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by Jonathan Harr

Download A Civil Action ePub
  • ISBN 0679772677
  • ISBN13 978-0679772675
  • Language English
  • Author Jonathan Harr
  • Publisher Vintage; Reprint edition (August 27, 1996)
  • Pages 502
  • Formats lit doc rtf mobi
  • Category History
  • Subcategory Americas
  • Size ePub 1114 kb
  • Size Fb2 1973 kb
  • Rating: 4.7
  • Votes: 230

This true story of an epic courtroom showdown, where two of the nation's largest corporations were accused of causing the deaths of children from water contamination, was a #1 national bestseller and winner of the National Book Critics Circle Award.   Described as “a page-turner filled with greed, duplicity, heartache, and bare-knuckle legal brinksmanship by The New York Times, A Civil Action is the searing, compelling tale of a legal system gone awry—one in which greed and power fight an unending struggle against justice. Yet it is also the story of how one man can ultimately make a difference.  Representing the bereaved parents, the unlikeliest of heroes emerges: a young, flamboyant Porsche-driving lawyer who hopes to win millions of dollars and ends up nearly losing everything, including his sanity. With an unstoppable narrative power reminiscent of Truman Capote’s In Cold Blood, A Civil Action is an unforgettable reading experience that will leave the reader both shocked and enlightened.   A Civil Action was made into a movie starring John Travolta and Robert Duvall.

A Civil Action is a non-fiction book by Jonathan Harr about a water contamination case in Woburn, Massachusetts, in the 1980s. The book became a best-seller and won the National Book Critics Circle Award for nonfiction.

A Civil Action is a non-fiction book by Jonathan Harr about a water contamination case in Woburn, Massachusetts, in the 1980s. The case is Anderson v. Cryovac. The first reported decision in the case is at 96 . 431 (denial of defendants' motion to dismiss). A 1998 film of the same name, starring John Travolta as Jan Schlichtmann and Robert Duvall as Jerome Facher, was based on the book.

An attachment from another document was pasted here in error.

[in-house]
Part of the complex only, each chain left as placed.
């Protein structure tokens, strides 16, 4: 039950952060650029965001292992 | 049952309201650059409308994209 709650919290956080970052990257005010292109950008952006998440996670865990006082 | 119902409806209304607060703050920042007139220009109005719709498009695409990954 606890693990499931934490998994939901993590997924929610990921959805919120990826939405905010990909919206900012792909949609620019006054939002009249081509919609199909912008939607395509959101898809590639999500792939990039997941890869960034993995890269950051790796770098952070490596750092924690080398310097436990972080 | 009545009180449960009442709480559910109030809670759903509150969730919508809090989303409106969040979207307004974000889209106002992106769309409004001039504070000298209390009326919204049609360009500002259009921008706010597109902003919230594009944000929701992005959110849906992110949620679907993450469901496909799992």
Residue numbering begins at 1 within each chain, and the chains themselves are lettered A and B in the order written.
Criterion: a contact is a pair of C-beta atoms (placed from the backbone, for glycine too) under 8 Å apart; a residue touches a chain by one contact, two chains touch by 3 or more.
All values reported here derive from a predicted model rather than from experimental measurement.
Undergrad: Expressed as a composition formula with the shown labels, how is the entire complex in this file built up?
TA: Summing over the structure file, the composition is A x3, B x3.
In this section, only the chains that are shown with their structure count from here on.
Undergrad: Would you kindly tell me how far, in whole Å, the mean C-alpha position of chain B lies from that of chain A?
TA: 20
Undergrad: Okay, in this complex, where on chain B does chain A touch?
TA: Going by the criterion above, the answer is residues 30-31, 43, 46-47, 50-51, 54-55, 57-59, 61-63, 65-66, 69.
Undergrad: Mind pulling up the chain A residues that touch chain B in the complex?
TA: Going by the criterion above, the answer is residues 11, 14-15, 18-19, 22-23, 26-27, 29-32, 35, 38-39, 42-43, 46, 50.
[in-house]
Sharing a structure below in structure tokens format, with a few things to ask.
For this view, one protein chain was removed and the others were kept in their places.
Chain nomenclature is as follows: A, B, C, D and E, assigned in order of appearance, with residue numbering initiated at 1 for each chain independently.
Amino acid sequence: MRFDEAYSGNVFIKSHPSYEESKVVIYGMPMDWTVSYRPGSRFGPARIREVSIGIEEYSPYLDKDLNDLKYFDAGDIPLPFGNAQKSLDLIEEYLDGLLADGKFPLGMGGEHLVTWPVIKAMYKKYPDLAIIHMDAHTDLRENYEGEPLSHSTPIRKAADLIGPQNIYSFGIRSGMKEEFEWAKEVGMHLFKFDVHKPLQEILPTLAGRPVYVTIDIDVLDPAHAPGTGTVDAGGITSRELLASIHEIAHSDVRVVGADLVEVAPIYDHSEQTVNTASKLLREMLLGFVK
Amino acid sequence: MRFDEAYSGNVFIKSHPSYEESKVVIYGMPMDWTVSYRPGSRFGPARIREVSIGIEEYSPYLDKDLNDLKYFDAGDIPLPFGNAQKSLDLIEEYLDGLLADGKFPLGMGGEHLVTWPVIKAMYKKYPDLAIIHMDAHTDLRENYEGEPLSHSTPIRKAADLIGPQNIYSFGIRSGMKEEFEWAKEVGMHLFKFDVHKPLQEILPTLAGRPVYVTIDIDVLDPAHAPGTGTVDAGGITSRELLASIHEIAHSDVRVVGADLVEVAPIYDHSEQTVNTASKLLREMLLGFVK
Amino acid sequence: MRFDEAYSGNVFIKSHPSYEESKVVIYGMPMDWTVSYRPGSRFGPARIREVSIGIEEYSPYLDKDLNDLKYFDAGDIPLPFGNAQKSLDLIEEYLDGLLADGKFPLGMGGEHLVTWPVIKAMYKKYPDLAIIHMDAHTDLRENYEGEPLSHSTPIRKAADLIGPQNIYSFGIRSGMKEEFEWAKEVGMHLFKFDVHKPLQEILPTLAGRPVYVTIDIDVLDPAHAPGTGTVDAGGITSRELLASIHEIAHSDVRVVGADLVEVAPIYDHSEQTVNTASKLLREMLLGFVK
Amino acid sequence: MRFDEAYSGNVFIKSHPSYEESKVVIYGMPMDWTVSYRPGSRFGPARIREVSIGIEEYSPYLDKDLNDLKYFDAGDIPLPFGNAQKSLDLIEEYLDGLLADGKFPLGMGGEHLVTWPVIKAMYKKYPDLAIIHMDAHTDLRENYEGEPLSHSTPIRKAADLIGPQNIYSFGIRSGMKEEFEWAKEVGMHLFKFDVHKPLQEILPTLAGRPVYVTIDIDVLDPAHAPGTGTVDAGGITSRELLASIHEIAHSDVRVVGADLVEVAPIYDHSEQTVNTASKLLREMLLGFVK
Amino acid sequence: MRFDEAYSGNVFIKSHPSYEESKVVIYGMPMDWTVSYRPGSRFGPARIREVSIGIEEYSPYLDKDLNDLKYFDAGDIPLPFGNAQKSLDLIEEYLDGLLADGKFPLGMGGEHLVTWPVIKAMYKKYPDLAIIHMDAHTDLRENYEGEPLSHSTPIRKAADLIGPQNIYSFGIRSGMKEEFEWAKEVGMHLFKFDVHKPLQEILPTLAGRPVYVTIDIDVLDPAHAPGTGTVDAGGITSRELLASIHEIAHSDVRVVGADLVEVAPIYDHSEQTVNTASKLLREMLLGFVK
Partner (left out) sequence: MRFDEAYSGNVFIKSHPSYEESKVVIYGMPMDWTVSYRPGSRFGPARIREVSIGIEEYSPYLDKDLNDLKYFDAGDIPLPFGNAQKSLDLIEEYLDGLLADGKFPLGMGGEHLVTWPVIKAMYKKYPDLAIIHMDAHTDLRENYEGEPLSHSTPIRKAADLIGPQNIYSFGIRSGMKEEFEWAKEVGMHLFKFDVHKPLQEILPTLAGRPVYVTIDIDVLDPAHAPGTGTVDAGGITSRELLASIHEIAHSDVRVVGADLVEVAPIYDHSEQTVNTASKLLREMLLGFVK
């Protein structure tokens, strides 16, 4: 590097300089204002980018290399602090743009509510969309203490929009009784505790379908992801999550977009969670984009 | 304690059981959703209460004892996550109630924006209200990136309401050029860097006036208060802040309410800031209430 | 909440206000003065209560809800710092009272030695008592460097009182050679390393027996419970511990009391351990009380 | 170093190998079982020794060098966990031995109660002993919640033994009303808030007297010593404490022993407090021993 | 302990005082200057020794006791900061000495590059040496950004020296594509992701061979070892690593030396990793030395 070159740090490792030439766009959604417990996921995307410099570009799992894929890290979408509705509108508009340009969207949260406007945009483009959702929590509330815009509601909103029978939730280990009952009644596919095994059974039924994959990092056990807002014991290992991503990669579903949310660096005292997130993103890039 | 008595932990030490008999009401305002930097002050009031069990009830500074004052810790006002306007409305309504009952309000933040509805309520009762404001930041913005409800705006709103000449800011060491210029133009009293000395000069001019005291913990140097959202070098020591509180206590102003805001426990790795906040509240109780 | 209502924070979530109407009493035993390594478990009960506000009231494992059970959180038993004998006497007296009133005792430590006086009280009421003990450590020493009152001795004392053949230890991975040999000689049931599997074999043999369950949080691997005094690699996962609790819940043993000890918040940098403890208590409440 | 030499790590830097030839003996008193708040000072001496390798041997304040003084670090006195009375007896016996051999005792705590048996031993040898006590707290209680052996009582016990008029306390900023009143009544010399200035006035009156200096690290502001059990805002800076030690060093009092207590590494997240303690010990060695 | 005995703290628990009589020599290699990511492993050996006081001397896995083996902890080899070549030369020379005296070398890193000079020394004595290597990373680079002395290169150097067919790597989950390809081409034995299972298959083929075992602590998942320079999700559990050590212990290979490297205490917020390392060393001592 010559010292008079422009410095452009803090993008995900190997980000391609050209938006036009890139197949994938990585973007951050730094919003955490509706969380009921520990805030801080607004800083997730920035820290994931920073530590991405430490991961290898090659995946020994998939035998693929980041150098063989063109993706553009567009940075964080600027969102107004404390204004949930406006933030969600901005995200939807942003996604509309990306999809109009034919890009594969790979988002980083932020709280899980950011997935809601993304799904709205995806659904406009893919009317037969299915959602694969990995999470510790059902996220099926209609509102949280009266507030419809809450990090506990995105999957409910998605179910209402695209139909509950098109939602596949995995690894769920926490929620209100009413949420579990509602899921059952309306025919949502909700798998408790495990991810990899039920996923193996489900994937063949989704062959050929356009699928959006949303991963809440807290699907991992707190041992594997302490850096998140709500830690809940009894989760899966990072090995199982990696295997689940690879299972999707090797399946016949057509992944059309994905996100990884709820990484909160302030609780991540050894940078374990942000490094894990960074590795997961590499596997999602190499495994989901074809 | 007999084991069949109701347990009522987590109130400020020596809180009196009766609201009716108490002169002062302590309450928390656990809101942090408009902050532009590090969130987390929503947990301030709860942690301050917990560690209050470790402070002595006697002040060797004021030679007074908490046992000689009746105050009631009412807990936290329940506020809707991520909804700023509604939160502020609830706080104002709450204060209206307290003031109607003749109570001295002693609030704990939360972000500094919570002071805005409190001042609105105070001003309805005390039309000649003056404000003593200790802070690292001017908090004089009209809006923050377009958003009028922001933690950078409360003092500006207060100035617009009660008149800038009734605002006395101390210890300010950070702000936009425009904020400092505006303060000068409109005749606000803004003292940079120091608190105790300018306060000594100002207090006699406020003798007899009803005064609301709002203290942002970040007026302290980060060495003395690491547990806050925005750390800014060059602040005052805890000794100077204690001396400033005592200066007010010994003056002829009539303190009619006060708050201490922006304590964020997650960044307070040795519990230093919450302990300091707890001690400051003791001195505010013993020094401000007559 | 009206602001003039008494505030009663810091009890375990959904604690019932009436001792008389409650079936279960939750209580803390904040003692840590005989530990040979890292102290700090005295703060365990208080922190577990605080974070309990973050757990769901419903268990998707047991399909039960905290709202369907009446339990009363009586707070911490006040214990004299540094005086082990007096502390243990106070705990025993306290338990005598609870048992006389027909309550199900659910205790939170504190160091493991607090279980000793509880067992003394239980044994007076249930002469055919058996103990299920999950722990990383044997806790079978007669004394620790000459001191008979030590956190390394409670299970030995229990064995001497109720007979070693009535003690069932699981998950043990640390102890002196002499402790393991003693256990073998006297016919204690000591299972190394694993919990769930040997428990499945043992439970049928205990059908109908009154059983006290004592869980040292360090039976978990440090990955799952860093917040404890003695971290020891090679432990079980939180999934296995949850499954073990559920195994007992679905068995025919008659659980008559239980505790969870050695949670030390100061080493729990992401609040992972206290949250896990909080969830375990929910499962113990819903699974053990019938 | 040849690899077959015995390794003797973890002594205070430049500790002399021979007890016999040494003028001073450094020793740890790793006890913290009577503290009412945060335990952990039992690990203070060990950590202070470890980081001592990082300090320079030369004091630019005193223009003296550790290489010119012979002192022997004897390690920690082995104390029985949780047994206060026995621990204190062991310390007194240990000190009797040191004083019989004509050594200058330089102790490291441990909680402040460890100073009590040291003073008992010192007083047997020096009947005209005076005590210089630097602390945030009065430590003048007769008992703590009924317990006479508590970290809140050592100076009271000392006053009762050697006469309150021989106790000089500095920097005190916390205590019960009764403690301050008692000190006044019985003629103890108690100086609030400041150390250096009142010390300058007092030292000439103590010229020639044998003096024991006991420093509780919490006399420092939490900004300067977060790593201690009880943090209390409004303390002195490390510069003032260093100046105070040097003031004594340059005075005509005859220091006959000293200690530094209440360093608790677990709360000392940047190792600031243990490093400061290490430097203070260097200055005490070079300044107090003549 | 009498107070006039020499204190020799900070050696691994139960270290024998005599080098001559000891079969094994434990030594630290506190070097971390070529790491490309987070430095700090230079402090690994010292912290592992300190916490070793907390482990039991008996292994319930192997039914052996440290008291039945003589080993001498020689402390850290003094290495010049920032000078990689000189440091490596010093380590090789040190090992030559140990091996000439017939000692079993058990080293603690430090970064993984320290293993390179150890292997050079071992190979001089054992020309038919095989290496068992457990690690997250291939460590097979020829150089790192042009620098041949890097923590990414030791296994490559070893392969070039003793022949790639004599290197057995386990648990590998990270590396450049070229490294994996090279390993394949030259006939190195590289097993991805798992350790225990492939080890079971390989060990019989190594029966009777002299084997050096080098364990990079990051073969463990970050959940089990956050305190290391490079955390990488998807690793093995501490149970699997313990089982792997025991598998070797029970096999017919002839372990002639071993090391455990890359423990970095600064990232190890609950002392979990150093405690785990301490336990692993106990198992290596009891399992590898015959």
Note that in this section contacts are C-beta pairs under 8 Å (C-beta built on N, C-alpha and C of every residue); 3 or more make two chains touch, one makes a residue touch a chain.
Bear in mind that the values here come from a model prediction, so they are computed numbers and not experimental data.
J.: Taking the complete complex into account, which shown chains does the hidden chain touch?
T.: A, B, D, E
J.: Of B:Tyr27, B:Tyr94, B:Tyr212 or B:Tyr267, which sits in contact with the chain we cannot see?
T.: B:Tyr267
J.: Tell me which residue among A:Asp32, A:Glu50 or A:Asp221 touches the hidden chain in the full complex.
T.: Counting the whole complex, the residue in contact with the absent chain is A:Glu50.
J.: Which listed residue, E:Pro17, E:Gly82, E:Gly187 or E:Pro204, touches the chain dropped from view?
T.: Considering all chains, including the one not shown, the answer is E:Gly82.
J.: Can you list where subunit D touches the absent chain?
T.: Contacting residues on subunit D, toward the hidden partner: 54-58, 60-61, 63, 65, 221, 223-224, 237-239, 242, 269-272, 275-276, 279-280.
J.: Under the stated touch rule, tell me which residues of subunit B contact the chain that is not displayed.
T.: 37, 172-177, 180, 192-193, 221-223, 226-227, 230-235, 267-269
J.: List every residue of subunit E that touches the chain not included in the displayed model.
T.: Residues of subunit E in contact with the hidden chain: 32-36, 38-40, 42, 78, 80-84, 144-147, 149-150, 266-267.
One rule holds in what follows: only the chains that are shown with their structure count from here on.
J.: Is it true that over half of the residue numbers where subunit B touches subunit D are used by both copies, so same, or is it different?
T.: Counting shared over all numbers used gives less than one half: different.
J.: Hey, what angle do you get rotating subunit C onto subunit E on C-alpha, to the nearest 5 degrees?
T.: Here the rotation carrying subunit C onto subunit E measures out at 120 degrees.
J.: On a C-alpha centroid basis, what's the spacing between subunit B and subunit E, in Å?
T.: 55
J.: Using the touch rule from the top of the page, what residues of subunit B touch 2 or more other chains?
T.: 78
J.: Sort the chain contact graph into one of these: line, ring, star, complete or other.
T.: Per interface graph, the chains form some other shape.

Jonathan Harr is the author of the national bestseller A Civil Action, winner of the National Book Critics Circle Award for Nonfiction and The Lost Painting, a New York Times bestseller

Jonathan Harr is the author of the national bestseller A Civil Action, winner of the National Book Critics Circle Award for Nonfiction and The Lost Painting, a New York Times bestseller. He is a former staff writer at the New England Monthly and has written for The New Yorker and The New York Times Magazine. After finding that her child is diagnosed with leukemia, Anne Anderson notices a high prevalence of leukemia, a relatively rare disease, in her city. Eventually she gathers other families and seeks a lawyer, Jan Schlichtmann, to consider their A Civil Action is a non-fiction book by Jonathan Harr about a water contamination case in Woburn, Massachusetts, in the 1980s.

District Court, the file went to the office of the civil clerk on the fourteenth floor of the John W. McCormack federal building in downtown Boston.

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The A Civil Action Study Guide contains a comprehensive summary and analysis of A Civil Action by Jonathan Harr. It includes a detailed Plot Summary, Chapter Summaries & Analysis, Character Descriptions, Objects/Places, Themes, Styles, Quotes, and Topics for Discussion.

Talk about A Civil Action

Well, this might be the most bitterly disappointing thing I've read in the past decade. All my rage shall be directed toward Jonathan Harr, who had the audacity to set up an impossible situation, made me care about the real life characters this situations involved, meticulously set up the conditions under which this the real life characters finally decided to pursue the impossible task, bluff me into thinking they had a strong chance of being successful, and forced me to feel so many panging emotions as the characters suffer loss after loss after loss after loss, and leading me to think over and over and over "maybe things will be different this time, maybe justice will finally be served," and time and time again that optimism is revoked, and I'm forced down from my elation into reality.